BOSQUE DEL APACHE – NEW MEXICO – photographic journal – 4 of 5

January 24, 2021


  • The day has finally arrived. I’ve made it to Bosque Del Apache National Wildlife Refuge, on January 12, 2020. This is the main location of this month long voyage. It only took me to see one spectacular image from another photographer, and I knew I had to get here. I did an image search to try to find the location and found plenty of other amazing photographs that led me to this place.

While the park isn’t officially open this early, they do allow photographers in prior to sunrise. I really have no idea of this place as it is pitch black when I got here, a few hours early as usual. I am unsure where the flight deck is, so I waited at the crossroads to see other activity. I knew someone would be arriving soon and I would just follow their lead to get to the correct location. It didn’t take long for headlights to start lighting up the roadside. A few cars headed to the left, so that’s the way I went too.

As this is my first time here, I watched where everyone else set up. Only a handful of the 30+ people stood on the flight deck. The majority are all standing at the edge of the ponds in any opening they could find. It’s a better perspective of the birds and the backdrop. You can barely see their silhouettes in the water, though you can hear a little noise so you know they are there. I asked a couple of locals if they had any recommendations for the big event. I got a couple of tips, and a bunch of ‘Oh… it’s your first time’ comments, but nothing could have prepared me for what was about to take place.

You hear it before you see it!

The cackling of a thousand geese starts all at once. They are waking up, and letting the world know it. The sun is starting to rise, and the mountain backdrop is beginning to take shape. I start clicking my camera remote, and try to keep my hands in my pockets as much as I can in a feeble attempt to try and keep them warm. The temperature is 11′ degrees. Brrrr……!!!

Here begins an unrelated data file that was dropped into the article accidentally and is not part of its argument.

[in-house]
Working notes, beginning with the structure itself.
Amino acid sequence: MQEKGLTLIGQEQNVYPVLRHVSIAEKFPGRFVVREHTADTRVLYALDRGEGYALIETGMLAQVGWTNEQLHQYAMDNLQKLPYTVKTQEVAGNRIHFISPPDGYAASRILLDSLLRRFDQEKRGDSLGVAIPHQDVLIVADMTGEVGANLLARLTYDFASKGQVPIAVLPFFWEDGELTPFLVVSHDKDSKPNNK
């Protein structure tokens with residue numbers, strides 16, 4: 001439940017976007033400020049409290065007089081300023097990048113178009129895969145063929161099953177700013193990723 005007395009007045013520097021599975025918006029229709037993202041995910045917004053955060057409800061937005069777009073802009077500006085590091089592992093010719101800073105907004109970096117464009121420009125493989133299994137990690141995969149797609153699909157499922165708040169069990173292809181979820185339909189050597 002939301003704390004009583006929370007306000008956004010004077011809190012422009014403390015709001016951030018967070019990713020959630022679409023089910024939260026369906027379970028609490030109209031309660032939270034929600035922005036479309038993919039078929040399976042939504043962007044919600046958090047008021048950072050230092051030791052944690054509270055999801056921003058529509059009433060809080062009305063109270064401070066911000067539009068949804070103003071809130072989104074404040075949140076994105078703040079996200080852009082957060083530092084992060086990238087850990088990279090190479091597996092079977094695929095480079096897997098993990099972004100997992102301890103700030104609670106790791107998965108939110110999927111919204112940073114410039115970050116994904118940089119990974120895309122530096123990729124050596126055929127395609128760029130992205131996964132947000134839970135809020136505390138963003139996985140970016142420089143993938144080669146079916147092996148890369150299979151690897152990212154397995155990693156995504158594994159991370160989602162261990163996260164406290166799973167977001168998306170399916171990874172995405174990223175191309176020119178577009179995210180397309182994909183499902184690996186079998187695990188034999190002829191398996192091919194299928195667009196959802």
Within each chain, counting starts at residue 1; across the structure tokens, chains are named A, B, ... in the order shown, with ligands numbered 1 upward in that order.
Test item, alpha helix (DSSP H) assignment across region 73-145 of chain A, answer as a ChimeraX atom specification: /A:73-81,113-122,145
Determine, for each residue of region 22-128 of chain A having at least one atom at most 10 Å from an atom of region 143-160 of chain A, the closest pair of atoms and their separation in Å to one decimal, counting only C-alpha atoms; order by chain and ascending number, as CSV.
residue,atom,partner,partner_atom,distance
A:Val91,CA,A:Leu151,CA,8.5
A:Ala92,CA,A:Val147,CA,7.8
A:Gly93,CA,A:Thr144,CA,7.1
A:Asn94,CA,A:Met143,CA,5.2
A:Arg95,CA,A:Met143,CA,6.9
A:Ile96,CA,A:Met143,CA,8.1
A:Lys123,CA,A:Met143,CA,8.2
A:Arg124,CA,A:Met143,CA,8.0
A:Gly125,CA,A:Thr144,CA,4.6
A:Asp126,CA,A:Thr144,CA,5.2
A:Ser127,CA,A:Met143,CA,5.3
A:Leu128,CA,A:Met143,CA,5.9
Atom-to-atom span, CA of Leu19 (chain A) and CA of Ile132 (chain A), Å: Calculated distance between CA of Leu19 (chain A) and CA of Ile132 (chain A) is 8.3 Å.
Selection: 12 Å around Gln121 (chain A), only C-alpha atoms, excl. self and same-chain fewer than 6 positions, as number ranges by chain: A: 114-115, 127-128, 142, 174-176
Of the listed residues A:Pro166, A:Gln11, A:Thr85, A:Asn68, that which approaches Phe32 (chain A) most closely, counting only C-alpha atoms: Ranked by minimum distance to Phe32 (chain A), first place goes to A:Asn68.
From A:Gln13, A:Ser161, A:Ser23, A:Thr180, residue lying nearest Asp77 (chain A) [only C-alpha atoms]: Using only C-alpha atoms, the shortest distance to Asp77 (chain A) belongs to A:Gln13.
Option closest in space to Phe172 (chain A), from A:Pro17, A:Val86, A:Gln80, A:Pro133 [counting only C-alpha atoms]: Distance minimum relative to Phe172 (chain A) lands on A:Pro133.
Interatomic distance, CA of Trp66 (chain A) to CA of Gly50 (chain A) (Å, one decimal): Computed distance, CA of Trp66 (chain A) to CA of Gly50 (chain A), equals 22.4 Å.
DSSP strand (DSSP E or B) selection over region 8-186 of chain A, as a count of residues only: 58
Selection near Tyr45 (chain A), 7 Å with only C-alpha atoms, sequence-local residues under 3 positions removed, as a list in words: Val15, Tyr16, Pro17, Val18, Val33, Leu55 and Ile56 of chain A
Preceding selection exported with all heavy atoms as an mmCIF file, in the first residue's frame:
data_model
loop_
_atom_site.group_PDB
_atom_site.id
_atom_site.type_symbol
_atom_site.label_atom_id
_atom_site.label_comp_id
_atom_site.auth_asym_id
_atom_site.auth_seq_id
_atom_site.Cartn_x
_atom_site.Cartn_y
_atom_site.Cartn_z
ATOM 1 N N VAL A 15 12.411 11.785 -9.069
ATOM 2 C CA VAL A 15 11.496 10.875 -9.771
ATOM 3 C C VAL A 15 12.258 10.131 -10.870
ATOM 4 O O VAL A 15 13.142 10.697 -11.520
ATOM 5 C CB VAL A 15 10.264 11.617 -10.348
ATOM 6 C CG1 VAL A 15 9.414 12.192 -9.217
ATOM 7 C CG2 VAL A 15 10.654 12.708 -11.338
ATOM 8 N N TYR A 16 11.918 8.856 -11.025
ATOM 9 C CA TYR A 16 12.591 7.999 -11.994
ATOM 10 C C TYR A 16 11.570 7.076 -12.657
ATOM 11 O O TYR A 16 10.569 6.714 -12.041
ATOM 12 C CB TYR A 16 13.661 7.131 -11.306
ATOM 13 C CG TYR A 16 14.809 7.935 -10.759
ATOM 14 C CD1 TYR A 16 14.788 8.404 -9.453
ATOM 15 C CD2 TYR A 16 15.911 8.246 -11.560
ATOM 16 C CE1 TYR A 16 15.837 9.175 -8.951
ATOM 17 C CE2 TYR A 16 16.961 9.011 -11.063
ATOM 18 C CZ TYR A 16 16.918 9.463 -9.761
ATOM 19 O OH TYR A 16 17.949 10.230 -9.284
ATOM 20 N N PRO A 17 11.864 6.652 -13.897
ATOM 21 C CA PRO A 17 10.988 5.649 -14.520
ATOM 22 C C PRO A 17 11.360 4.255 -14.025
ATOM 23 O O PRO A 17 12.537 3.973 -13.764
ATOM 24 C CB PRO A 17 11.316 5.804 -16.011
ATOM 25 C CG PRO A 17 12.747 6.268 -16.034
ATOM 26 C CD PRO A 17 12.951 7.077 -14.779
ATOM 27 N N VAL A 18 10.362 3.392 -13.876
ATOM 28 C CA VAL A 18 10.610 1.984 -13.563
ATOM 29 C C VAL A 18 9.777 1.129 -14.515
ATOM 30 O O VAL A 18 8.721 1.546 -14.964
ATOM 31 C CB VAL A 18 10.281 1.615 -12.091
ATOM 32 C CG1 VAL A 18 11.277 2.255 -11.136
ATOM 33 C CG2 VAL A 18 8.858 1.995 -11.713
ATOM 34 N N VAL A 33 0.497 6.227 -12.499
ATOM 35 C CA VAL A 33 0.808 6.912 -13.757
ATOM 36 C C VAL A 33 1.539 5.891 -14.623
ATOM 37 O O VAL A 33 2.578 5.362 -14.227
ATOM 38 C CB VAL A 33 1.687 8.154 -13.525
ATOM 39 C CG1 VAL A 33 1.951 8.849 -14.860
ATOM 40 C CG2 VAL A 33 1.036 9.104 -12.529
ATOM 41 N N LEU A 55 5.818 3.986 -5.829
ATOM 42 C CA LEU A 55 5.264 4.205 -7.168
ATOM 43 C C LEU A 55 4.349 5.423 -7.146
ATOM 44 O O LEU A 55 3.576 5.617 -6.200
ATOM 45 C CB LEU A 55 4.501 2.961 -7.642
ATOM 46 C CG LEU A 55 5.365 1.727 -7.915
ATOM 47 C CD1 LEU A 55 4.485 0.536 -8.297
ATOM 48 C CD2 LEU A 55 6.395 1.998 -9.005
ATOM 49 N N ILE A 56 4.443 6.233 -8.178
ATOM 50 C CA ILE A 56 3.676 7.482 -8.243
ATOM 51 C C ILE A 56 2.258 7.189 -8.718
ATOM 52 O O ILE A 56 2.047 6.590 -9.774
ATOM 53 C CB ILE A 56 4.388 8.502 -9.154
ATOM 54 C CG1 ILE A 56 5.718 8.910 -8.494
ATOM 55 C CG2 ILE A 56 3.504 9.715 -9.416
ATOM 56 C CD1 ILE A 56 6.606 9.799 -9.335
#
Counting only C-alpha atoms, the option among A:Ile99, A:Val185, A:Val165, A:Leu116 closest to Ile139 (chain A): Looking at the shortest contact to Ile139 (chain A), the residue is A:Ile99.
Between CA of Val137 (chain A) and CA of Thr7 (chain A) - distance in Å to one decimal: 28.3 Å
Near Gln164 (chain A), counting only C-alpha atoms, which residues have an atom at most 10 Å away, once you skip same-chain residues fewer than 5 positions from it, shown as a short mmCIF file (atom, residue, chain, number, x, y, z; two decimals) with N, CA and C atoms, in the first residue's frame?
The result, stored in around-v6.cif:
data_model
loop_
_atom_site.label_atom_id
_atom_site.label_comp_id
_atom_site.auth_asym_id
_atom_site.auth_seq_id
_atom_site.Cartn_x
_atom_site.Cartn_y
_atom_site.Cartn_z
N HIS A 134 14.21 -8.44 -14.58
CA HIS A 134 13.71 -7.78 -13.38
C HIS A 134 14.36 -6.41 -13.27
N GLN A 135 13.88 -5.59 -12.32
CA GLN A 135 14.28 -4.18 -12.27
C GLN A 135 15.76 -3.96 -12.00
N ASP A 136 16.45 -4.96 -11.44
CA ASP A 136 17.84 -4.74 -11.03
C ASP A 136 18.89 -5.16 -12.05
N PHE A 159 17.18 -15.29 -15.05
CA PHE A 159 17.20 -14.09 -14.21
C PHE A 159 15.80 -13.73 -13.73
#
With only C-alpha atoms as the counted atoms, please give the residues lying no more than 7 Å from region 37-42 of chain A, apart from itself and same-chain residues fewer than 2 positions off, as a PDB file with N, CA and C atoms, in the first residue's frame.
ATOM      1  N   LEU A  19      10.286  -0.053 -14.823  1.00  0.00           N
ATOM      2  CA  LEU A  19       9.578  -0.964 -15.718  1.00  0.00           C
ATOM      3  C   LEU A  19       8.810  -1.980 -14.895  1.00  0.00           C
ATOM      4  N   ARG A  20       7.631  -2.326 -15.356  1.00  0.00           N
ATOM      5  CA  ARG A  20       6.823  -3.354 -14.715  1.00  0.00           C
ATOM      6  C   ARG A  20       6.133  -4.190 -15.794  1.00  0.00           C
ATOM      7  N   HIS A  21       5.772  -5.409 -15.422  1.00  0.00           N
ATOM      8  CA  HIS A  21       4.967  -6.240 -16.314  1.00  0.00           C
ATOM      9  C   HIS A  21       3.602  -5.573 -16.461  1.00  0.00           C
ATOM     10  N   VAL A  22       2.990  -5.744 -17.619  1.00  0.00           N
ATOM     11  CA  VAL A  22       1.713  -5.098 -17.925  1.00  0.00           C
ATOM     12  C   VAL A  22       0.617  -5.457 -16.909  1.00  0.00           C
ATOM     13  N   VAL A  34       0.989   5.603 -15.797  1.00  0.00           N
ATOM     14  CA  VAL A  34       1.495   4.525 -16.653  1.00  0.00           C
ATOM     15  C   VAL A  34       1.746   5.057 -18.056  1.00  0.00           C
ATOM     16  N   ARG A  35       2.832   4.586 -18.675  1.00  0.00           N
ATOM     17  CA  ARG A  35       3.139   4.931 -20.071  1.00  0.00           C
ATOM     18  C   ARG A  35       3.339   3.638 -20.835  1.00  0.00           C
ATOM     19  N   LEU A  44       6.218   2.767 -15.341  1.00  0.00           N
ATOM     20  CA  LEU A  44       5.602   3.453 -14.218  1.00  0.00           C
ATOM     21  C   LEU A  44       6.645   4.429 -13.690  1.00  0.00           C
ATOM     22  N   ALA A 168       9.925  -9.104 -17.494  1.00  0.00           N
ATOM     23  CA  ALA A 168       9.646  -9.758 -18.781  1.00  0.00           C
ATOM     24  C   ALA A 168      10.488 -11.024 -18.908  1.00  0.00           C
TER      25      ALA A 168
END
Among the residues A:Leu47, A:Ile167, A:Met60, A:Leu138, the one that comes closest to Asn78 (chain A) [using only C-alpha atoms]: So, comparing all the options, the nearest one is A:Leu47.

And just like that…. you hear a loud whooosh and they all take flight at the same time. I really couldn’t focus as I was so taken aback. The sound was deafening and the whole experience was surreal. They circled back once, or twice… and then they were gone. From the time they wake, till take off isn’t very long at all. It happens so fast, by the time you realize what just happened, it’s over.

I was informed that I should leave here and head down to the south pond that is on the road in. That’s where they will likely land, and the Sandhill cranes are there and should be waking up soon. Sounds good to me!

There are a lot of people at south pond already. There are rows of photographers and tripods waiting for the cranes to take off. This is a regular scene here during migration. They even have a handicapped spot for wheelchairs.

Photographers lined up to get images of Sandhill cranes at south pond, Bosque Del Apache

Image 1 of 2


Unlike the geese who take off all at the same time, the cranes are more thoughtful about their take off. You can watch how they contemplate the whole scenario, before they actually decide to do it. And when they finally decide it’s time, they lean their heads forward…. then think about it some more. They may do this a few times before they actually take off. Almost like they are getting their nerve up, and letting others do it first. When it finally happens, they do it alone, or in very small groups of two or three. There is a thousand birds here, so this could take a long while. Here they go…

After a few hours, I drove back to where I started this morning. The sun has fully risen, so this time when entering park, I can actually see it. While the geese were gone, there were plenty of other species of ducks and birds near the flight deck.

Like Bernardo Wildlife Area, this was a 12 mile one-way driving wildlife loop, though with a two lane road. As it was winter, and not very populated this time of year, you could easily pull to the side and not block traffic when you spot wildlife and not be hurried. This was extremely beneficial as I stopped a lot!

I spent the next few hours exploring and getting acquainted with the layout. I plan on being here a few days. The parks is sectioned off in two loops: the farm loop (right at crossroad), and the marsh loop (straight from crossroad) which comes around and ends at flight deck (left at crossroad). I started off on marsh loop basically because I was trying to getting a better angle of two Bald Eagles sitting in a dead tree in the middle of the water. This was a great choice! This whole loop was loaded with wildlife activity and action from the beginning to the end. They have few other loops openings, and at certain times of the year they may alternate. But I believe these two are the year round loops.

The farm loop seemed to have less action, though it was much later in the day by the time I got there, and most wildlife is more active in mornings and dusk. But it did have a few places to hike and stretch your legs which I really needed after the the marsh loop. One can sit entirely to long!

When the sun was getting close, I headed back down to the south pond to watch the cranes come to bed. They would come in single, or small groups of up to 10 or so. The way the sun set, they call it the golden hour as the sky would light up, and the cranes would be silhouetted as they landed. Remarkable!!

The perfect ending to the day

Continued reading on page two

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